After all, one coping method for trauma is to pretend that the event never happened.

For the past year, I have rarely thought about that night. I pushed it out of my mind and told myself it was nothing.

It was only today after reading so many "Me too" statuses that I began thinking about my own "sexual assault experiences," when this memory came back to me. For the first time since April of 2016, I asked myself, "Was it rape?"

I told you earlier that I used to have trouble defining sexual assault. In addition, my idea of rape had been molded by what social media always fed me.

Rape had to look like men having sex with me when I was drunk or blacked out, or someone kidnapping me and holding me down, violently attacking me and having his way. That was my idea of rape.

Not my significant other unable to take no for an answer and then telling me that he thought I wanted it, long after I told him multiple times to stop.

Rape by definition is,

Unlawful sexual intercourse or any other sexual penetration of the vagina, anus, or mouth of another person, with or without force, by a sex organ, other body part, or foreign object, without the consent of the victim.

The key phrases here are, "With or without force," and "Without the consent of the victim." By definition, I was raped.

I never verbally consented. I never consented. Somehow, my willpower and ability to fight diminished the more forceful he became. But I never consented, even if my body "let it happen."

It was heavy on my heart to share about my experience once I realized the reality of my experience. Especially if I spent more than a year pretending that it didn't happen.

And though I knew I needed to share, I kept asking myself, what would the takeaway of sharing this be? Especially if so many other women have had it worse than me.

What I want to leave you with is this:

1. My story, as all other women's stories, matter.

My story matters. Your story matters. No matter what the situation was. No matter how "big" or "small" the assault was, it happened. It was real. Your experience matters. You overcame it.

It doesn't matter what people say. It doesn't matter if men tell you that you are being over-dramatic. You are not. It was your body. You had the right to say no. You have the right to know that it wasn't your fault. You have the right to know that, even after it has happened, you are still worth it. You still matter.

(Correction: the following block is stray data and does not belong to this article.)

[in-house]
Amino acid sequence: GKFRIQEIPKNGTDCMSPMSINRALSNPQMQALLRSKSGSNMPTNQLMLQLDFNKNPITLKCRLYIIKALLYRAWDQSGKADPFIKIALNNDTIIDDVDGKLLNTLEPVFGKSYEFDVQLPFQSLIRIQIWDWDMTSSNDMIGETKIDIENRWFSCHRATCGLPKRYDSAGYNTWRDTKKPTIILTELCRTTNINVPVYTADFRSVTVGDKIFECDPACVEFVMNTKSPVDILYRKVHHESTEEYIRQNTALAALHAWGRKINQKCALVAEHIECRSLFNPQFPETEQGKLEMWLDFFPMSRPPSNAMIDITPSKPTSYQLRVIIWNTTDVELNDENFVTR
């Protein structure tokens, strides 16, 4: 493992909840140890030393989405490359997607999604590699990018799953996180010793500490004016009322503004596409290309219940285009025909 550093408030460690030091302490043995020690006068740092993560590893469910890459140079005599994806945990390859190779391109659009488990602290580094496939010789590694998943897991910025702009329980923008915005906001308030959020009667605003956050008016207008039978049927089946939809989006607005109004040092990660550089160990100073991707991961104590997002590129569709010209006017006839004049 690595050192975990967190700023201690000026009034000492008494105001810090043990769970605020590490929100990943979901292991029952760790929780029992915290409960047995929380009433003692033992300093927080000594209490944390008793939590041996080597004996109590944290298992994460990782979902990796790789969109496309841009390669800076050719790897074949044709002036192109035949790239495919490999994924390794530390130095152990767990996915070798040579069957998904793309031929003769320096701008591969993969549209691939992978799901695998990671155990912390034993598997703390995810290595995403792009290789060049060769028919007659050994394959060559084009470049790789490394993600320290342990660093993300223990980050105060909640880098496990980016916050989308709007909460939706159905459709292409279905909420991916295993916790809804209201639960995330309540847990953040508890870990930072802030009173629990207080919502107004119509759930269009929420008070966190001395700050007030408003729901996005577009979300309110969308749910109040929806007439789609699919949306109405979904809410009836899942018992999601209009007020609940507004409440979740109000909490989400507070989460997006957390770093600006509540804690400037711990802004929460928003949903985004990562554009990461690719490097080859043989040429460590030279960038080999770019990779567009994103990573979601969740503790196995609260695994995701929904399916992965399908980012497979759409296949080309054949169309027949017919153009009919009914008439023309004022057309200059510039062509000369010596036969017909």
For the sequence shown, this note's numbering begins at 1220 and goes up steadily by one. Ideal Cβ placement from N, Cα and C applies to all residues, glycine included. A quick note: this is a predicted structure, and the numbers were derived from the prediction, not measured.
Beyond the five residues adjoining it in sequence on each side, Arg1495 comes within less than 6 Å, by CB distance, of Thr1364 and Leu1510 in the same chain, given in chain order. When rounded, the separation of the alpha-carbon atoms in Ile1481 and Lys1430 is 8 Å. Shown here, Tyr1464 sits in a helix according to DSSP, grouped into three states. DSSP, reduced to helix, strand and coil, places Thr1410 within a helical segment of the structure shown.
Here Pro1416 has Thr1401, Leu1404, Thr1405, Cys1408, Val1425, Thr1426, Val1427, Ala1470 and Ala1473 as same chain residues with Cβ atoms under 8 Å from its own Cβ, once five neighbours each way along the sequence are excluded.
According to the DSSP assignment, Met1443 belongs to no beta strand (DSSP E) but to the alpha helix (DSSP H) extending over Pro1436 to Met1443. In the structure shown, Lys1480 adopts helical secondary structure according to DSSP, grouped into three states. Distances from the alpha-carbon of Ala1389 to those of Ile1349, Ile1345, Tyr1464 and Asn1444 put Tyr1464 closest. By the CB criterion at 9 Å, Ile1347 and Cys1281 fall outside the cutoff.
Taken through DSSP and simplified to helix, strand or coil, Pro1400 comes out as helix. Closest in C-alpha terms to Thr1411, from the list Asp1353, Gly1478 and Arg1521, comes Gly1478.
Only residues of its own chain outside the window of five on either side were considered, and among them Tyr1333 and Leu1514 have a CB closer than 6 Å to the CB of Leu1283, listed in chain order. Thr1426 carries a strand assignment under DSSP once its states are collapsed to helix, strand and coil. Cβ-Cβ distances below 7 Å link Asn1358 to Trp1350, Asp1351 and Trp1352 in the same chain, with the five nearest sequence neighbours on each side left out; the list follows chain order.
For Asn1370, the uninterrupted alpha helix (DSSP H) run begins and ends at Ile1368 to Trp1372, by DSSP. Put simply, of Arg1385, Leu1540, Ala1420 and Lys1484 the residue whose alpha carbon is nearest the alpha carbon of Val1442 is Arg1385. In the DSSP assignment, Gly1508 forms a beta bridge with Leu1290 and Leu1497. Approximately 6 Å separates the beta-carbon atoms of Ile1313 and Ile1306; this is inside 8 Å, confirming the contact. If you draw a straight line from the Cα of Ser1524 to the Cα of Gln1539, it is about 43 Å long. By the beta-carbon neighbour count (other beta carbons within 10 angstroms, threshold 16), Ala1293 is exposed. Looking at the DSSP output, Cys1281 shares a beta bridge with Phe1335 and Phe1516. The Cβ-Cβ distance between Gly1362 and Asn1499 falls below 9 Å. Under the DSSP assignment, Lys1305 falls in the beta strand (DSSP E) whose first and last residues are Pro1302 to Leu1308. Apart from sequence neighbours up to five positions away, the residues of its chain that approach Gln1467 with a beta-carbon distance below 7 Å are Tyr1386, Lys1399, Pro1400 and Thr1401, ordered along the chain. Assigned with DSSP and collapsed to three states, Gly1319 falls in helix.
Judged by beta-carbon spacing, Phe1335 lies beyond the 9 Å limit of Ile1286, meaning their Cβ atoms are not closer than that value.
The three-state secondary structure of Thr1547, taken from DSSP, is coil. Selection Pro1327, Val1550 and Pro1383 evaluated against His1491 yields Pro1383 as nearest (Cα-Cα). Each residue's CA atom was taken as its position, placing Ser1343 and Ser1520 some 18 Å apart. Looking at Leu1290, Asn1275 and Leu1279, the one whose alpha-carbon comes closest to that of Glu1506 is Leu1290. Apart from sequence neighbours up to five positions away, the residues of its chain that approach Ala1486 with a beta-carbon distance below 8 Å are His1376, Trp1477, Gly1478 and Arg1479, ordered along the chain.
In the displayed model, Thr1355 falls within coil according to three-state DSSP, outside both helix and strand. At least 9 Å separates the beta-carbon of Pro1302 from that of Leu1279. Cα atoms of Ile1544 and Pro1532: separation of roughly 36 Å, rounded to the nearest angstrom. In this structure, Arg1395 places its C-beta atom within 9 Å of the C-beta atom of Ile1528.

2. We, as a society, need to continually fight for change on how this topic is handled.

This is only the beginning.

The guy this situation involved felt that his action wasn't wrong. I hear countless stories where the person committing the assault acts without believing it is wrong. Where did this mentality begin?

And if I had spent so much time believing that my experience couldn't be classified as "assault" because it involved a significant other or wasn't inherently "violent," where did that idea begin?

The truth is that we are emerging out of society's warped mindset of sexual assault, where the victim is always to blame or the assault has to "look" a certain way for it to be taken seriously.

I see that a generation is rising that will no longer stand with that.

I am so proud of all the women and men who have shared their, "Me Too" statuses. Sexual assault IS an issue that needs to be discussed.

Continue sharing your stories. Continue allowing your voice to be heard. Overcome your fear and the belief that speaking up will only lead to more pain. The change begins with us. It begins with those who have experienced and see the scope of the issue.

We are not alone, and we will continue to stand together until some kind of tangible change is seen. No matter how long it takes.

So if you are a victim, don't worry.

Me too.